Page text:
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The borrowing game

Raising the cash to build new schools is a complex matter and management skills must be taught, says Ian McDonald.

IT spawned more than 1,000 press articles, along with copious coverage on radio and television. How could a schools' accommodation project generate such heat with so little illumination? It was difficult to escape from the ominous coverage of the progress of the Glasgow secondary schools public private partnership (PPP) project. Yet they came from across the globe to witness this controversial initiative - from Germany, Finland, Australia, South Africa, Holland, Russia, the United States, France, England, Northern Ireland and other countries. Only Wales affected disinterest.

It was reported locally as being a horror story but most departed impressed and returned home to replicate, not avoid. In Scotland, the debate on the virtues or otherwise of PPP projects has been party political. All good fun. When did accuracy get in the way of a penetrating political insult?

PPP is pay-as-you-go, special credit deals, rentals, leasing, a mortgage.

It is how we run our lives. Mobile phones, a new television, a car, a house. It would be wonderful to be able to smack down hard cash for all we require. But without a bit of borrowing by all of us, the economy would stall and jobs would go.

No doubt the Government, local authorities, NHS trusts would also prefer to see hard cash provide quality public services. It would certainly be the choice of haunted local authority officials, tired of dealing with the flood of correspondence complaining about substandard school accommodation, leaking roofs, stinking toilets.

All we can do is inherit the past; no chance to change it. Badly maintained and under-occupied school buildings reinforce deprivation, are unhealthy and demoralising and represent money down the drain. But they will not just go away.

Trusts, not for profit arrangements and PPP are all pay-as-you-go deals.

The differences are more semantic than real. We all search for the lucky midden where the answers to all our problems are painlessly available. Let me know when you find one. No route maps and no hypothesis - just hard fact.

The political hubris which has surrounded the debate in Scotland has prevented a proper analysis of how to make such schemes work efficiently and effectively. Any error or unfortunate setback is leapt on as yet another example of the impending apocalypse. The other side of the debate can be equally blinkered, believing that considering improvements would be a sign of weakness - or, as one influential figure said, "if Glasgow can do it, anyone can do it".

The improved school buildings in Glasgow, Edinburgh and elsewhere are demonstrably better, but what a remaining legacy to be addressed.

Glasgow was a mega deal, the biggest project so far and unlikely to be topped. Being responsible for negotiating a deal lasting 25 years or more is some responsibility. If your boss calls you in and says you are the person to lead a PPP project, get a health dilapidations survey as you will dilapidate during the negotiations. Your health can suffer as you will be locking horns with some of the biggest and brightest in the nation, all highly experienced in closing large, complex deals. They aren't sharks, just good at looking after their clients' interests.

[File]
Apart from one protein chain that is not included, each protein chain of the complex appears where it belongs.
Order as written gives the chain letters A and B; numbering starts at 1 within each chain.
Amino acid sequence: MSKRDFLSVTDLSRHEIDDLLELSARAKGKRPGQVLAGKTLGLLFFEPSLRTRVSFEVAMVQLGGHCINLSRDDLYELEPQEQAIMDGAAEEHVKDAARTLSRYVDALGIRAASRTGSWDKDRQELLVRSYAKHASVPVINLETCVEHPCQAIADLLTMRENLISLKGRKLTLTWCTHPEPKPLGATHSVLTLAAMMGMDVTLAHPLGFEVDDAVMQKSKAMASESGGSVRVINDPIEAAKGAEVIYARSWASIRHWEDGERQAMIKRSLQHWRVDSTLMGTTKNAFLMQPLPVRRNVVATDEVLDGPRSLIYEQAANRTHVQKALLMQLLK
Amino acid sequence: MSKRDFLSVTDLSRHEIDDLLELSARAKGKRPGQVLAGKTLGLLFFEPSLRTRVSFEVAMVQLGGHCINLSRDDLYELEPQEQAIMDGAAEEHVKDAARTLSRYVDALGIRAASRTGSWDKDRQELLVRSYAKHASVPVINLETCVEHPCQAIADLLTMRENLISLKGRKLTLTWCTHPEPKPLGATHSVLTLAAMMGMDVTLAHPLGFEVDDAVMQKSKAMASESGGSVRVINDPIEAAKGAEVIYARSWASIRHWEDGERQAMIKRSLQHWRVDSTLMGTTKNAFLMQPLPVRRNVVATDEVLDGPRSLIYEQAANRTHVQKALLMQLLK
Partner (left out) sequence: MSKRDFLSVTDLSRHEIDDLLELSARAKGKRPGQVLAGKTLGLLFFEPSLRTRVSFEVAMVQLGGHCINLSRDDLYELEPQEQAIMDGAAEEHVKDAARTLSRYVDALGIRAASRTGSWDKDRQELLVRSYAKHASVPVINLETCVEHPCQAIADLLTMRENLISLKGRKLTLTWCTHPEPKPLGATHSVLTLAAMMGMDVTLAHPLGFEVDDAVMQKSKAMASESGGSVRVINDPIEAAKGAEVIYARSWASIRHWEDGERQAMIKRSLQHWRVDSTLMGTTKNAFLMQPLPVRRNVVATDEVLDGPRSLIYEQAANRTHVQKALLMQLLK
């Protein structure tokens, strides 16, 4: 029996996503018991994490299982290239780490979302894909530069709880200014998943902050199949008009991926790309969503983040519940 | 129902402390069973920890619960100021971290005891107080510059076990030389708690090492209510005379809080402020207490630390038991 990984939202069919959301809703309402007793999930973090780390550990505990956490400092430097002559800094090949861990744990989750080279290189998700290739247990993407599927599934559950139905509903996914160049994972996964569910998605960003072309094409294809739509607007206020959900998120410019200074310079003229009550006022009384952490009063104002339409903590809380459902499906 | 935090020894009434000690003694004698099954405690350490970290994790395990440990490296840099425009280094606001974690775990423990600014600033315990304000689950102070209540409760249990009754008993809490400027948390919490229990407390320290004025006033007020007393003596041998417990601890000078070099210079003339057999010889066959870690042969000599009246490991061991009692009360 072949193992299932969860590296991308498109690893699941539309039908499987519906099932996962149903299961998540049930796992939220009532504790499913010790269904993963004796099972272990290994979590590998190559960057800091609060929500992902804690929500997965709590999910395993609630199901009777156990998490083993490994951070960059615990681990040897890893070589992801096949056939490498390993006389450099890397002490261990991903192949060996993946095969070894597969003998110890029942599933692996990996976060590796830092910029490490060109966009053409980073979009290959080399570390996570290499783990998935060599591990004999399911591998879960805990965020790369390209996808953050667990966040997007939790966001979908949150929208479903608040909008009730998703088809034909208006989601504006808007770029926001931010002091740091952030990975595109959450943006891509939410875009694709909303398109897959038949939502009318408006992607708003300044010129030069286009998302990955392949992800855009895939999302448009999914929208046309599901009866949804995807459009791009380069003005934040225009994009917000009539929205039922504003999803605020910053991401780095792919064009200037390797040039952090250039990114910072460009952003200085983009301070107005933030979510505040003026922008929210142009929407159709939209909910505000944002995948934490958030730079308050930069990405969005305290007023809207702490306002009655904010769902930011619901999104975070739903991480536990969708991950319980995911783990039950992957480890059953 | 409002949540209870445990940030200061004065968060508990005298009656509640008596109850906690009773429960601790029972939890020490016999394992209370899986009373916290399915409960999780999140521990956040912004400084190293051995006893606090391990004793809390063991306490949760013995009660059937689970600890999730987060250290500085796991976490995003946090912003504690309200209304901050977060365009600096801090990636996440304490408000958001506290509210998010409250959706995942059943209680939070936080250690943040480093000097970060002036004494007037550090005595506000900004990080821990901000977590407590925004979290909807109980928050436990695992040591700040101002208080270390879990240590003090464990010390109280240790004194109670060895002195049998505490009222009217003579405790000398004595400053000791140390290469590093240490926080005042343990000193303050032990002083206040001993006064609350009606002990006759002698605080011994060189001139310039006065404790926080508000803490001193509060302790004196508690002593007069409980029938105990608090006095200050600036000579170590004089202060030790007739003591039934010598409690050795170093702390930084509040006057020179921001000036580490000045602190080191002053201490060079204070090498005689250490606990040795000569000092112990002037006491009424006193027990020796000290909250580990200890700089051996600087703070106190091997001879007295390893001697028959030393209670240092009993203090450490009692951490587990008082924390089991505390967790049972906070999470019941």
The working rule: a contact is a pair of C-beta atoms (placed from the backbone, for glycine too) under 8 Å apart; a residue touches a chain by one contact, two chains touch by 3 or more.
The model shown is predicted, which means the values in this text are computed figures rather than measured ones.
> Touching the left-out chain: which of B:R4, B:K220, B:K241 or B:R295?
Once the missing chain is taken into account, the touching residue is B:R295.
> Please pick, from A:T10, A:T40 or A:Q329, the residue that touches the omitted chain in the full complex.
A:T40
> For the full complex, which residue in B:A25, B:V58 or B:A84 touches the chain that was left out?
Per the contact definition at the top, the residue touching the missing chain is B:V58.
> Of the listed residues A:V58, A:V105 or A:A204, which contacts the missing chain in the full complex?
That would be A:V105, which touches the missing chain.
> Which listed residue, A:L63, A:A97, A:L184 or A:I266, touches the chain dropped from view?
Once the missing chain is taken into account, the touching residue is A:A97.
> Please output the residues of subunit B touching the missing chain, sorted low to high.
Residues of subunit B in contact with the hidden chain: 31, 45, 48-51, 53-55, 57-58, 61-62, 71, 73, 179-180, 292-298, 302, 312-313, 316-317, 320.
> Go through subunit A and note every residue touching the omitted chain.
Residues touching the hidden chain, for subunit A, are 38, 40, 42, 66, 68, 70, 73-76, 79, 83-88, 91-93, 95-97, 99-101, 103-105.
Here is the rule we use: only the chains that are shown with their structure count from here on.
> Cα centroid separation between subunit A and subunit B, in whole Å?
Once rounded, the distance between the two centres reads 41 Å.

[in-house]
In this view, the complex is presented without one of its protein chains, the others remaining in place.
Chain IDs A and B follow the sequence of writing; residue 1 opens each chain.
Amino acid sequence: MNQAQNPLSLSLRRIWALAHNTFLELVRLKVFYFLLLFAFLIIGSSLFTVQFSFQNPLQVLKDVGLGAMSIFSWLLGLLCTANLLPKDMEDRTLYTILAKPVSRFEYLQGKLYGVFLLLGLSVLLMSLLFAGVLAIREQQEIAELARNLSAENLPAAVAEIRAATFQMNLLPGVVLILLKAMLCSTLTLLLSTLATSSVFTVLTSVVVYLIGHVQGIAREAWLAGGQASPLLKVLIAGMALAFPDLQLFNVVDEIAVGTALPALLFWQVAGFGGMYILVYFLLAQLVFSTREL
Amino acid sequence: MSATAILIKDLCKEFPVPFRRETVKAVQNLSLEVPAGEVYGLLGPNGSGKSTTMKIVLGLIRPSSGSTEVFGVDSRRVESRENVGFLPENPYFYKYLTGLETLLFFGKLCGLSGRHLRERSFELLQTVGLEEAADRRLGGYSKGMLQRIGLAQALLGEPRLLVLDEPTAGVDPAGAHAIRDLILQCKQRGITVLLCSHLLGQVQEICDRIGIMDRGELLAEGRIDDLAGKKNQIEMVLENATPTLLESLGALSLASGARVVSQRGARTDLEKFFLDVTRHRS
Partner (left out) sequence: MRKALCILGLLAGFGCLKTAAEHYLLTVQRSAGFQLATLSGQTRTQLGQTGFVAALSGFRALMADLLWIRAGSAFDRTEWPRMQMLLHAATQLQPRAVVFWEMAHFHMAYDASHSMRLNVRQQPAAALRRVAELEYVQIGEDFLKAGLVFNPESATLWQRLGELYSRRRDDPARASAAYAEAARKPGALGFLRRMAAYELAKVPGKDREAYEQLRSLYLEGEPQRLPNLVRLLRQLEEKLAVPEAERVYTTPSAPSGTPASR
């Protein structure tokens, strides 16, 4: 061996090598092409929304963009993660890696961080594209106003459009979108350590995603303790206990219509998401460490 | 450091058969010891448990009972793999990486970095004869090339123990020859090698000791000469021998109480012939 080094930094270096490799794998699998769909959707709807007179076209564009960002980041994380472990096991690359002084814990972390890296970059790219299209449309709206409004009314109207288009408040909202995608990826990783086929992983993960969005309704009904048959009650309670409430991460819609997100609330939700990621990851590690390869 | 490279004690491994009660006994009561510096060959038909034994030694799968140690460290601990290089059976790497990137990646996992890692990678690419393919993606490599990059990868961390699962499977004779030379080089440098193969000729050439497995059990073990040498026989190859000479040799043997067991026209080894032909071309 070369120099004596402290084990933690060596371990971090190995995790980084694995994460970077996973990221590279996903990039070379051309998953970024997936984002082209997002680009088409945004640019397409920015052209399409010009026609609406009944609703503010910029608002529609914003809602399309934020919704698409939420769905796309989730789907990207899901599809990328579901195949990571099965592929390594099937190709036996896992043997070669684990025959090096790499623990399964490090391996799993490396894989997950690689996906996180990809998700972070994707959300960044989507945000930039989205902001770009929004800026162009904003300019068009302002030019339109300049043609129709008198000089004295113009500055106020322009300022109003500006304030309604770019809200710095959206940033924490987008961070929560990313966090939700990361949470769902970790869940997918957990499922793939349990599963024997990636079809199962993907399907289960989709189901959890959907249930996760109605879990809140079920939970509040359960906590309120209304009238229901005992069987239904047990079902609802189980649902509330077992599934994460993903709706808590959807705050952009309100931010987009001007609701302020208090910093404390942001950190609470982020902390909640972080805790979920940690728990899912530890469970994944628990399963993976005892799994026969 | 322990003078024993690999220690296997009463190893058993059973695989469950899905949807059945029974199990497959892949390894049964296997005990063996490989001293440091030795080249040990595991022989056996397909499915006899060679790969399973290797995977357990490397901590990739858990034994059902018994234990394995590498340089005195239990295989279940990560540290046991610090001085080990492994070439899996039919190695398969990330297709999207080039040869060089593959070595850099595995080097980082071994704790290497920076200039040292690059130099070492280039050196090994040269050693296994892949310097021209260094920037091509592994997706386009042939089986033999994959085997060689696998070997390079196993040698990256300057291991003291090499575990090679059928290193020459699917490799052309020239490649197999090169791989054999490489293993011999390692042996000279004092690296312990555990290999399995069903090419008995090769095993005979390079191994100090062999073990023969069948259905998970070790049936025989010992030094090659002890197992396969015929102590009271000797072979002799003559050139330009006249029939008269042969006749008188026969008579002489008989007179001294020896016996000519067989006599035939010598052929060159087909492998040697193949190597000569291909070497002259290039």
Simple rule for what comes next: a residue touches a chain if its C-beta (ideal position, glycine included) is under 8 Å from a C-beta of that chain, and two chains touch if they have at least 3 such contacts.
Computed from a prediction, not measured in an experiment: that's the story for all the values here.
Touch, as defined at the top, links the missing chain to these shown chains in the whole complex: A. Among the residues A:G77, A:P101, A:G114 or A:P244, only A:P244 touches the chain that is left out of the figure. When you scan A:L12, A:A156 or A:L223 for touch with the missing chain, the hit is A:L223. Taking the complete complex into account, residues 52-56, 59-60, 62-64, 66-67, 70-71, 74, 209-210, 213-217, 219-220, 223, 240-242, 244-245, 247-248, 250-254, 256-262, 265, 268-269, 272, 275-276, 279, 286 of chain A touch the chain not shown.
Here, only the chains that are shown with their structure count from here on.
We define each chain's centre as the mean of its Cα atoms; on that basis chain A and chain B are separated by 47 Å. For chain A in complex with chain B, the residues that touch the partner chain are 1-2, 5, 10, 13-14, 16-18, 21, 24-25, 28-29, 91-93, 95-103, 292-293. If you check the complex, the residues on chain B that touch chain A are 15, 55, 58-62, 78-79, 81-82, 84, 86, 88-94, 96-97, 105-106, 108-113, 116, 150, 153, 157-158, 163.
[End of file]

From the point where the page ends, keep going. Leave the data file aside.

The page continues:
Responsibility in local authorities for negotiating PPP deals varies. To be successful, a project depends on the influence of its project sponsors.

Where they have seniority and influence, a project should go well. But it varies big style. In one major local authority in England, the responsibility for dealing and negotiating with the private sector was left to the headteachers. They should have declined the trust placed in them.

Being responsible for such a project is quite a responsibility - a bit beyond the call of duty of a headteacher.

But now you are in place and given a title - project director or project manager. Feel the pressure. The project must be transparent. Involve the professionals (the teachers) - they know best. Let them design their own classroom.

Of course, you will be reasonable. But at the same time you have to maintain competitive pressure on the competing bidders to get as much value for money as you can. Central to this is commercial confidentiality. Three or four bidders hungry to win your project will squeeze out value for money and a bit of innovation. Blow their cover and they will not spend a penny on innovation.

N you go. Balance transparency with commercial confidentiality. PPP projects need quality management. You can buy external advisers. But who has the experience to manage them? They may be good, but they don't come cheap. As soon as the deal is signed they are off, as your local authority will not want their continuing expense.

Audit Scotland in its report on school PPP projects warned that "hard-won experience" in the public sector should not be lost. Most of the hard-won experience in Scotland has been lost from the public sector. Alan Milburn, the Health Secretary in England, apparently made a similar lament recently about the health service, saying that the necessary skills were in short supply to negotiate complex, long-term deals. Mr Millburn went on to state that a good deal of the hard-won experience in the NHS was often quickly lost to the private sector.

If PPP or a variant of pay-as-you-go is the only realistic option to improve school buildings then all of those involved, including teachers, need access to quality training courses designed for council staff and preferably presented by those who have not only been over the hurdles but managed to climb out of one or two holes.

Ian McDonald is the former director of the Glasgow schools project.

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